The Twin Cities grow thick with new breweries taking turns at traditional styles of beer, and it’s far from a bad thing — it’s raising the bar for quality in a noticeable way. And the last thing we’d bemoan is too much consistently good beer.
But still we’re drawn to the oddballs, the one-offs, the shots in the dark (even those that miss the target). We love it when brewers go out on a limb, and at face value, that’s what Summit is offering with its Unchained Series. As we sip on its fourteenth entry, the bière de garde, we find the series continues its two recent trends: always satisfying and rarely exciting. Don’t get us wrong, the bière de garde is toasty, comforting, and supremely drinkable. It’s one we’d order again but it’s one we feel like we’ve ordered before.
The beer casts a nearly opaque shade of coffee brown. It comes on with Newcastle-like sweetness before coalescing around burly toffee and malt flavors and a faint bitterness. The alcohol sits on the mid-palate before slipping beneath a clean, dry finish. There’s lots of pleasant malt to enjoy in a hearty sip that screams autumn, doubtless a fine companion for something braised or stewed. The official release is next Monday at the Nook.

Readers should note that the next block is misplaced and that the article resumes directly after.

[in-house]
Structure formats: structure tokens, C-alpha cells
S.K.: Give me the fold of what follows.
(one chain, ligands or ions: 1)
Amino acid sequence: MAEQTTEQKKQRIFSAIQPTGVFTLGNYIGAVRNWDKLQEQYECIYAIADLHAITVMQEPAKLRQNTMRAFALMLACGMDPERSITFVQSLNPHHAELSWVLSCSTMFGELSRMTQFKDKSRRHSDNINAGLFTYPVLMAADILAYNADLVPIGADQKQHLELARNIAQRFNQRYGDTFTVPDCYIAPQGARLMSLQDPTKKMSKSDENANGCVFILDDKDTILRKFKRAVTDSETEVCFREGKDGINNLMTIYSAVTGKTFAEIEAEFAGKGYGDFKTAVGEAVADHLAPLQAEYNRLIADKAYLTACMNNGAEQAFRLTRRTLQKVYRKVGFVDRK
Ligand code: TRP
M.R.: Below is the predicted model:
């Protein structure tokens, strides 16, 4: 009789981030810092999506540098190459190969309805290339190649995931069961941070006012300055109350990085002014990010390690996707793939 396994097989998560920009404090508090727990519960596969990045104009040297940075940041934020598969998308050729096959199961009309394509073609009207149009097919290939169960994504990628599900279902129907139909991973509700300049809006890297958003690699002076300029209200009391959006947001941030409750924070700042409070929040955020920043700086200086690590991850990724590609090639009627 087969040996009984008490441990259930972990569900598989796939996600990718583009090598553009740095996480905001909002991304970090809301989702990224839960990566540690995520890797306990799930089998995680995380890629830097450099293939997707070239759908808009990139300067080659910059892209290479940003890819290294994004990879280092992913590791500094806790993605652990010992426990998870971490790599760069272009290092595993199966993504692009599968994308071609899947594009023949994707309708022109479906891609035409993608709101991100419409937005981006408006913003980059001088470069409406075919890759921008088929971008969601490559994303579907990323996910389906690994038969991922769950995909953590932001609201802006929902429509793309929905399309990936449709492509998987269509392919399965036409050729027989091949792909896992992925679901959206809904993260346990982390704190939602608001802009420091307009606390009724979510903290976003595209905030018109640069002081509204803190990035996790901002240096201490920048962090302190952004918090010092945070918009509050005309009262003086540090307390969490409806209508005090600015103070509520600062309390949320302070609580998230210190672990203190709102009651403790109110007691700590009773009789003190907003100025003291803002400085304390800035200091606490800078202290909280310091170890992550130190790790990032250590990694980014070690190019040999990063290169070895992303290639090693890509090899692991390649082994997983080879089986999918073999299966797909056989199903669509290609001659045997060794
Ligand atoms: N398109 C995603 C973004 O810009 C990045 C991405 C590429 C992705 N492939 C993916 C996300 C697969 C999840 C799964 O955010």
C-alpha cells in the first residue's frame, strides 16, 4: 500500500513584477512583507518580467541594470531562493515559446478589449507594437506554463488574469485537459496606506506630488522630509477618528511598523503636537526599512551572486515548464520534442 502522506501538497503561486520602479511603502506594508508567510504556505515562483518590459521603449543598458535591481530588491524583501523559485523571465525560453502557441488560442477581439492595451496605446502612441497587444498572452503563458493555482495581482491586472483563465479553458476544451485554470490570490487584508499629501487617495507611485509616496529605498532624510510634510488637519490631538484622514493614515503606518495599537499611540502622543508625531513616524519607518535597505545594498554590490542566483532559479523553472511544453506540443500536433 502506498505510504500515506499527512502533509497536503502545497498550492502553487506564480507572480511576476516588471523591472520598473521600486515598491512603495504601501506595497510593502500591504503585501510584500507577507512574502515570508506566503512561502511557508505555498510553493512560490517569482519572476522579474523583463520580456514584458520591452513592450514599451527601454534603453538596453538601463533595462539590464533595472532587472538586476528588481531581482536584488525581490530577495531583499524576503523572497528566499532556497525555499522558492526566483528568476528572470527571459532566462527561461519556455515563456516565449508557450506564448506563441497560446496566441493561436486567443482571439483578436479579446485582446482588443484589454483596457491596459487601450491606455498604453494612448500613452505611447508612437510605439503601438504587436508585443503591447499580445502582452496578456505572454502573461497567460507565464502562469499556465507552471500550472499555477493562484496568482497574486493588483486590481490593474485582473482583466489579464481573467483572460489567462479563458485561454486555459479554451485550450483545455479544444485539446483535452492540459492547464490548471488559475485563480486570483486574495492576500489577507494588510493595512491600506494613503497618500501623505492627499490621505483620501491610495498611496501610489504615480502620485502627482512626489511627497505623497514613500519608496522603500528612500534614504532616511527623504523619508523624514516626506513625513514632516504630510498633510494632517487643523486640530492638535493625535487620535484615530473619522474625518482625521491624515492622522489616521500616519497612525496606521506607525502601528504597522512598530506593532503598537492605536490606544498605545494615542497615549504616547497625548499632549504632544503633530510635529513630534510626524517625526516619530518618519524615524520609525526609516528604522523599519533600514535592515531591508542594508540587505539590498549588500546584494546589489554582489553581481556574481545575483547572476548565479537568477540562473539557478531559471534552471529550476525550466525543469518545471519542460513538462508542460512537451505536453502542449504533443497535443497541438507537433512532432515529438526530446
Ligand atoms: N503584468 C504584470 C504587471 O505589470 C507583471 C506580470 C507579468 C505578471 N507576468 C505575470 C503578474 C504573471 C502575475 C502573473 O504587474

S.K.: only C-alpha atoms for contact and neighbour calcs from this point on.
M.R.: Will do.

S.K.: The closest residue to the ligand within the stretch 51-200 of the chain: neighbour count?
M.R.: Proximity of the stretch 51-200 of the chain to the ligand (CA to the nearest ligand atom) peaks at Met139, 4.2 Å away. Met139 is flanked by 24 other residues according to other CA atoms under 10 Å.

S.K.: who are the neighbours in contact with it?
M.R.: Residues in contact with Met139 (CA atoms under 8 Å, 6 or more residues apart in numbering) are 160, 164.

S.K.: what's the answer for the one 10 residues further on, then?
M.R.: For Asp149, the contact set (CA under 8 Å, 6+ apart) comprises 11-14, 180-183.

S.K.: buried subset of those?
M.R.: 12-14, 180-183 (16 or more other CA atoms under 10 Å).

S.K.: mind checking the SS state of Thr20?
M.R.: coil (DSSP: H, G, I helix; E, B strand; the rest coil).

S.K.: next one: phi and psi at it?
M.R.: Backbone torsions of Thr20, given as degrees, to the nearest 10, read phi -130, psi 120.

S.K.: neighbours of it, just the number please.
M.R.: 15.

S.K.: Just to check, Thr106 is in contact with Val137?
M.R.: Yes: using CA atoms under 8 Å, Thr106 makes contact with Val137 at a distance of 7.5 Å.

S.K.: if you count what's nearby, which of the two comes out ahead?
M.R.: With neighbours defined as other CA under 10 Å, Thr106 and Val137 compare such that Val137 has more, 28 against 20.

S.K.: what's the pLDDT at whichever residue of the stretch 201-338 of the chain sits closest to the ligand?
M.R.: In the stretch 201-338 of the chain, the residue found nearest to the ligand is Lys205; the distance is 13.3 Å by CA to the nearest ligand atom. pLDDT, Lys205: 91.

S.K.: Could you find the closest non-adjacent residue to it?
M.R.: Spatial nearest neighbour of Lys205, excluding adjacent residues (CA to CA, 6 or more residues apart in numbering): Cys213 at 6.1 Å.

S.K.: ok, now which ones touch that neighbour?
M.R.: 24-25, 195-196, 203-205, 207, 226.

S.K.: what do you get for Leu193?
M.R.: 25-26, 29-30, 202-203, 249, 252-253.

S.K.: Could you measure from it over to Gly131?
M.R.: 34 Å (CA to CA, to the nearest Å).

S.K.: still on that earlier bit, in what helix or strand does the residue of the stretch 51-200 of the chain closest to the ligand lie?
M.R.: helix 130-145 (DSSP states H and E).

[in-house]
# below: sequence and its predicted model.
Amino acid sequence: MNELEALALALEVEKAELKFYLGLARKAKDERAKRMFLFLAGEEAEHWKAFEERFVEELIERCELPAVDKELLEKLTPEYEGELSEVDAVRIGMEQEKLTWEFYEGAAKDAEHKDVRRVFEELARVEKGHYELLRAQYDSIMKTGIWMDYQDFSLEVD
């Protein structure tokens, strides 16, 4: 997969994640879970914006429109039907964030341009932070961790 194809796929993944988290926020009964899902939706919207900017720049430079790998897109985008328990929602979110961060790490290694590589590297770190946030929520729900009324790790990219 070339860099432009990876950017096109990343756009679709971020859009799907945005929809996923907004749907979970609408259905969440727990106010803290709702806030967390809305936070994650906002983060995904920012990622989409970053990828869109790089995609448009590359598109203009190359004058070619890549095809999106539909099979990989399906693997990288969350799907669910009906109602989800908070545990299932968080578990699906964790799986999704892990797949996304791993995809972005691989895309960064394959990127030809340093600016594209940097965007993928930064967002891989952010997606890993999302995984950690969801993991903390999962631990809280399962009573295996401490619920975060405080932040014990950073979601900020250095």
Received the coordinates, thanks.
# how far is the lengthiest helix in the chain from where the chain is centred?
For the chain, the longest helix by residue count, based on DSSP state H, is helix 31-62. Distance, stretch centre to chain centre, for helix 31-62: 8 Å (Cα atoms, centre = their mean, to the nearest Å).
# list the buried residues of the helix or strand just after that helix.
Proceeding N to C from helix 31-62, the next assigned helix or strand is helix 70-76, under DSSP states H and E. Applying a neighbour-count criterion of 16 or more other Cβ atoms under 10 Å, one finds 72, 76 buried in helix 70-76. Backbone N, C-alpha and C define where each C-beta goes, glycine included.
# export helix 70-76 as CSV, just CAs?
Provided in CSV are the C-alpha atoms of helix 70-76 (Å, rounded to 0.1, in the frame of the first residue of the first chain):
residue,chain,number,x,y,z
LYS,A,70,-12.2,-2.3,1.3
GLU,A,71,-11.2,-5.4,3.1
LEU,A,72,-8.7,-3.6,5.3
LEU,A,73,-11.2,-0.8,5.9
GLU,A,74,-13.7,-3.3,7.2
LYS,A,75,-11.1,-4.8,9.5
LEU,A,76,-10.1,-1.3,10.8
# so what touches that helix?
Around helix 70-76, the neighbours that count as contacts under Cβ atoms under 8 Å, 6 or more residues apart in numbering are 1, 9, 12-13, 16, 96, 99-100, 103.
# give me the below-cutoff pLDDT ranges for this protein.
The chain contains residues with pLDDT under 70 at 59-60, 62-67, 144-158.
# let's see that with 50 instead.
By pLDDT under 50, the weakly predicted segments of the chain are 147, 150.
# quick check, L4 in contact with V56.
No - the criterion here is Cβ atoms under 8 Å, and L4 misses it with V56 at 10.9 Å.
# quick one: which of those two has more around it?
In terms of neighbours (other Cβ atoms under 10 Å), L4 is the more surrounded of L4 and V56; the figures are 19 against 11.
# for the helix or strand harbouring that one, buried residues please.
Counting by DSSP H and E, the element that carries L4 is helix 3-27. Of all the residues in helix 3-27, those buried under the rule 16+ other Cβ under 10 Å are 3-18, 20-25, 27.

It’s exactly what we’ve come to expect from the Unchained Series — a balanced, prim and proper draught. But that’s the problem: For the Unchained Series, this beer is securely on the chain. We remember the unique Kolsch and a stunning Wee Heavy. As of late, it’s trending conventionally, with two light, hoppy ales leading to this brew that strikes a familiar fall profile.
This beer is good, it’s textbook good, with a flavor profile photocopied straight from the BJCP guidelines. Look, we’re not expecting Summit to go all Sam Calagione and craft a fig-flavored, kafir-fermented, millet-based imperial sour. But how about a lambic or other fruit beer? Partner with an orchard and bottle a snakebite. Make a good shandy. Make us angry. Make a mistake.
They’re already doing firkins and small experimental batches for their Friday tap room hours, so the willingness to branch out must surely exist. And that’s good, because there are some different avenues to explore before other conventional styles get unchained. Summit has made an EPA the most successful Twin Cities beer of the last quarter century. We have to imagine that kind of brewing muscle has room to flex in a way we haven’t yet seen.
Summit Unchained #14:
Bière de Garde
Malts: Pilsen, Special Aromatic, Biscuit, Vienna, Cara Red & De-bittered Black
Yeast: Scottish Ale